Seven Wives and Seven Prisons; Or, Experiences in the Life of a Matrimonial Monomaniac. a True Story eBook

This eBook from the Gutenberg Project consists of approximately 153 pages of information about Seven Wives and Seven Prisons; Or, Experiences in the Life of a Matrimonial Monomaniac. a True Story.

But by this time my hitherto blinded eyes were opened, and I charged her with being false to me.  She protested she had not been; but finally confessed that she had been too intimate with the clerk at the hotel.  I began a suit at law against the clerk; but finally, on account of my wife’s family and for the sake of my children, I stopped proceedings, the clerk paying the costs of the suit as far as it had gone, and giving me what I should probably have got from him in the way of damages.  My wife too, was apparently so penitent, and I was so much infatuated with her, that I forgave her, and even consented to continue to live with her.  But I removed to Greenville, Greene County, N. Y., where I went into the black-smithing business, and was very successful.  We lived here long enough to add two children to our little family; but as time went on, the woman became bad again, and displayed the worst depravity.  I could no longer live with her, and we finally mutually agreed upon a life-long separation—­she insisting upon keeping the children, and going to Rochester where she subsequently developed the full extent of her character.

This, as nearly as I remember, was in the year 1838, and with this came a new trouble upon me.  Just before the separation, I received from my brother’s wife a note for one hundred dollars, and sold it.  It proved to be a forgery.  I was temporarily in Troy, N. Y., when the discovery was made, and as I made no secret of my whereabouts at any time, I was followed to Troy, was there arrested, and after lying in jail at Albany one night, was taken next morning to Coxsackie, Greene County, and front thence to Catskill.  After one day in jail there, I was brought before a justice and examined on the charge of uttering a forged note.  There was a most exciting trial of four days duration.  I had two good lawyers who did their best to show that I did not know the note to be forged when I sold it, but the justice seemed determined to bind me over for trial, and he did so, putting me under five hundred dollars’ bonds.  My half-sister at Sidney was sent for, came to Catskill, and became bail for me.  I was released, and my lawyers advised me to leave, which I did at once, and went to Pittsfield, and from there to Worthington, Mass., where I had another half-sister, who was married to Mr. Josiah Bartlett, and was well off.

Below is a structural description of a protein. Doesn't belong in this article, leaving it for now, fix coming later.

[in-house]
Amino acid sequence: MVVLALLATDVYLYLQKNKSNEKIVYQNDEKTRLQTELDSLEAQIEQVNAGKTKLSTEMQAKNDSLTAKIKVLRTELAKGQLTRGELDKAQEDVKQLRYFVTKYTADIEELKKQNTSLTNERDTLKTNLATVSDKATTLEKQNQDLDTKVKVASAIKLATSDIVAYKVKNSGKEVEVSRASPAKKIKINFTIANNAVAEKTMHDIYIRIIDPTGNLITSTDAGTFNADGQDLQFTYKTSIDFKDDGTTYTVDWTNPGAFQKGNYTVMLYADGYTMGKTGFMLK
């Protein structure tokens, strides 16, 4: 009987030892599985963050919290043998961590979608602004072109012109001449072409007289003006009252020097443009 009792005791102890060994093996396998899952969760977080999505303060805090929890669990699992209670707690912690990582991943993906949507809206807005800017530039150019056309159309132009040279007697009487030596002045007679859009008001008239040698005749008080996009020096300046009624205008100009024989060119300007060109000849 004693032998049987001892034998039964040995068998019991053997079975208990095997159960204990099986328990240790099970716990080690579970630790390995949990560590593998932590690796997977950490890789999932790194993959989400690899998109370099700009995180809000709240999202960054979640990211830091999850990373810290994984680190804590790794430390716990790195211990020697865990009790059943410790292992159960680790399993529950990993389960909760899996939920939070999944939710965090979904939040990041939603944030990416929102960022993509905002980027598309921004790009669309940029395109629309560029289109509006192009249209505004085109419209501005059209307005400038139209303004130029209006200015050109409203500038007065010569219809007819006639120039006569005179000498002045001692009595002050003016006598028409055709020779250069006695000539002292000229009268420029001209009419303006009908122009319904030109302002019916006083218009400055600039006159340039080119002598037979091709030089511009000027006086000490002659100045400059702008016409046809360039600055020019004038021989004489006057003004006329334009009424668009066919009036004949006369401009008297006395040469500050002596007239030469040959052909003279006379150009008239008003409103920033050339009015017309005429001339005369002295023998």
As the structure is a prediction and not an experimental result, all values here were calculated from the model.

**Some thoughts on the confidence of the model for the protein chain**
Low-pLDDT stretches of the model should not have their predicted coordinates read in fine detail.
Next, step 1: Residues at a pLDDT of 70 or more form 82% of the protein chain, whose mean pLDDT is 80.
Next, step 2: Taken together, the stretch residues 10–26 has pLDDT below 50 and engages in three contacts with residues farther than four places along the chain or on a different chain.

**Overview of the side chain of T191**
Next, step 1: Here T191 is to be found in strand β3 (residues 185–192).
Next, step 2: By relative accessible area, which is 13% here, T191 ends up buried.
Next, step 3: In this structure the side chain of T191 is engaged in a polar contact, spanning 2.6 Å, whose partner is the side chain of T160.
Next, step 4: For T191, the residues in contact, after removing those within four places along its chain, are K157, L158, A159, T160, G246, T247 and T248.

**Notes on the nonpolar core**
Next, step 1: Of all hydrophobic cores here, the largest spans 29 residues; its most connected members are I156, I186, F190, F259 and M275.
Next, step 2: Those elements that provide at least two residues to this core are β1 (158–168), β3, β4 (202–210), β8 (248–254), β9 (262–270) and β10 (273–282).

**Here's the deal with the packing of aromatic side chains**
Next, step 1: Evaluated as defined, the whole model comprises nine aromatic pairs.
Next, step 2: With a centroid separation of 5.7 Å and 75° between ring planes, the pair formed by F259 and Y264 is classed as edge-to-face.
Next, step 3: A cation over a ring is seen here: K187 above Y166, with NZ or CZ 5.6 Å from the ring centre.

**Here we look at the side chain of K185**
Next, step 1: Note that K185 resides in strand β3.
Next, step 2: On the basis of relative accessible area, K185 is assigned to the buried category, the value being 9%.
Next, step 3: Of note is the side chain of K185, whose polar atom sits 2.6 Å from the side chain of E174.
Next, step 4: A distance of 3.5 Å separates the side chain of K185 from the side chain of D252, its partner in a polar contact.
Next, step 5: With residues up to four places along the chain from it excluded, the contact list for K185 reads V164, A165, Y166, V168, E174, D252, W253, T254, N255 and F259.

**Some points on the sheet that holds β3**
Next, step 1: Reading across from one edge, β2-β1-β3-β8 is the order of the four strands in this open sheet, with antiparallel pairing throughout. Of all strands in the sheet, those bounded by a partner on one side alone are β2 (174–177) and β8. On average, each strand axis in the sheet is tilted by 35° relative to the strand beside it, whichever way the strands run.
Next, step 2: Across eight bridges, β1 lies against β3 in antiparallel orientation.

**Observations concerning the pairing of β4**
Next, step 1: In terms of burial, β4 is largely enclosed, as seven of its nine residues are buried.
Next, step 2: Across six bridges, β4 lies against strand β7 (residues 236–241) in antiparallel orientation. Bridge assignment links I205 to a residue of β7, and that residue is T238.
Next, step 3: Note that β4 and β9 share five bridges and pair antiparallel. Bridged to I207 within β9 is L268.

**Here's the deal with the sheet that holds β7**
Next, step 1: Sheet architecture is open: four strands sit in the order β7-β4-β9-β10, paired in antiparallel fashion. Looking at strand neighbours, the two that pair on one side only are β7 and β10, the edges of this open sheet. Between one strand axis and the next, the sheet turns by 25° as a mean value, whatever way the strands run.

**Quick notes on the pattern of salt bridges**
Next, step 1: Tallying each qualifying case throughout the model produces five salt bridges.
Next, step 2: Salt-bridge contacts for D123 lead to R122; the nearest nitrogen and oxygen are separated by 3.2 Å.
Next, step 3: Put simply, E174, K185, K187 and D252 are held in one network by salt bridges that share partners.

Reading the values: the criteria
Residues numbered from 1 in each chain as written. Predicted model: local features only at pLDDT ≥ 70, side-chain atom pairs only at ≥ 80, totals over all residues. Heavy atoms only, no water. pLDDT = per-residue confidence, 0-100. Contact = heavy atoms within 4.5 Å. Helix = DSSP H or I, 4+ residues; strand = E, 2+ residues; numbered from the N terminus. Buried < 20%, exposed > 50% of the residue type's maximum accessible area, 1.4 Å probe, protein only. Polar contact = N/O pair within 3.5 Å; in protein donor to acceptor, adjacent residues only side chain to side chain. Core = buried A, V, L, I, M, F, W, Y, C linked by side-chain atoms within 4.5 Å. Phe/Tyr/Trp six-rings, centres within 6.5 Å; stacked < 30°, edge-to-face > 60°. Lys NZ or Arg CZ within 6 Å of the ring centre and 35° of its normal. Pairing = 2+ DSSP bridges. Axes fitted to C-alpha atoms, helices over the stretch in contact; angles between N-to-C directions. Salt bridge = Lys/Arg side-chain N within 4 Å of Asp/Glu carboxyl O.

Here I settled down, for all that I knew to the contrary, for life.  For some years past, I had devoted my leisure hours from the forge to the honest endeavor to make up for the deficiencies in my youthful education, and had acquired, among other things, a good knowledge of medicine.  I did not however, believe in any of the “schools” particularly those schools that make use of mineral medicines in their practice.  I favored purely vegetable remedies, and had been very successful in administering them.  So I began life anew, in Worthington, as a Doctor, and aided by my half-sister and her friends, I soon secured a remunerative practice.

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Seven Wives and Seven Prisons; Or, Experiences in the Life of a Matrimonial Monomaniac. a True Story from Project Gutenberg. Public domain.
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